Barnett explained Second Life’s low usage rate as due mainly to technical problems involving its graphics. He said that 23 percent of users’ sessions end in browser crashes and another 8 percent end in server crashes.

(Though Barnett termed Second Life part of Web 3.0, I think that definition could create quite a dispute among those who favor Sir Tim Berners-Lee’s ‘semantic web’ definition.)

Danny Dagan's Presentation at Ifra's Beyond the Printed Word conference

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How what are the challenges in a popular tabloid creating user-generated content? Danny Dagan described some this morning at Ifra’s Beyond the Printed Word conference in Dublin.

Dagan is head of online communities at News Group Digital, which puts online London’s The Sun and News of the World, the two largest selling (3.2 million daily in the case of The Sun) tabloids in the English-language. Those newspapers’ websites attract 10.6 million unique users each month. The average user looks at 23 pages during the time.

The sites have begun to offer the beginnings of customized content. The sites provide each user with a widget that travels with them through each page of the site. The widget currently factors only the user’s gender and favorite football team, but really only football team. It colors itself in that team’s color, displays the team’s logo, and hyperlinks to the discussion area about the team. If the user is female, it just colors itself pink.

The challenges a popular tabloid faces when using user-generated content are:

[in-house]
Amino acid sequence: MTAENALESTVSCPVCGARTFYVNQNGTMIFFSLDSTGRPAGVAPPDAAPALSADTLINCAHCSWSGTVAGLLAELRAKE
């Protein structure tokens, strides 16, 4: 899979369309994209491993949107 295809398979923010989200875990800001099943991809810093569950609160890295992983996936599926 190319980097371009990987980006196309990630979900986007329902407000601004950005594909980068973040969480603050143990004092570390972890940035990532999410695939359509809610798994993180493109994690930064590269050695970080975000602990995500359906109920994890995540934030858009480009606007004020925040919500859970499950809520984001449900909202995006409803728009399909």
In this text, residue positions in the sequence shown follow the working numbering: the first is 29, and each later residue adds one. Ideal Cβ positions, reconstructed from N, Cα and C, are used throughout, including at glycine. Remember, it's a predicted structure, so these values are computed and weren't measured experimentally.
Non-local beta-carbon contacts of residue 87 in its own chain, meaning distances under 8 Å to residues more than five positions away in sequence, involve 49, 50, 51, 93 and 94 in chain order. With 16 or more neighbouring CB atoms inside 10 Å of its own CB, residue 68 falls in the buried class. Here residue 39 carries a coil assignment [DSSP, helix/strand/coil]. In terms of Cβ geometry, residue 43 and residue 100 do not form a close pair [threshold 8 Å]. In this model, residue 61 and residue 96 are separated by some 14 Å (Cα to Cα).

• How to balance freedom of speech versus England’s strong laws against libel and contempt?
  • How to protect children against offensive content?
  • How to deal with an online public that is nowadays less amenable to editorization by the host newspaper and also to waiting for content to be pubished>
  • How to achieve high quality content?
  • How to remove objectable content quickly and effectively?

News Group Digital employees seven people full-time as user-generated site moderators. They don’t directly explain to a user why his objectional comment was removed, because such conversations tend to be endless, but the site does have a section entitled ‘Why Your Posting Was Removed.’

Matthew Buckland's speech to Ifra's Beyond the Printed Word conference

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At Ifra‘s Beyond the Printed Word conference in Dublin, Matthew Buckland, general manager of the Mail & Guardian Online of South Africa, has given a presentation about ‘Integrating Web 2.0 tools into news sites.’ He previously in his own blog described his presentation and offered the presentation itself available for download.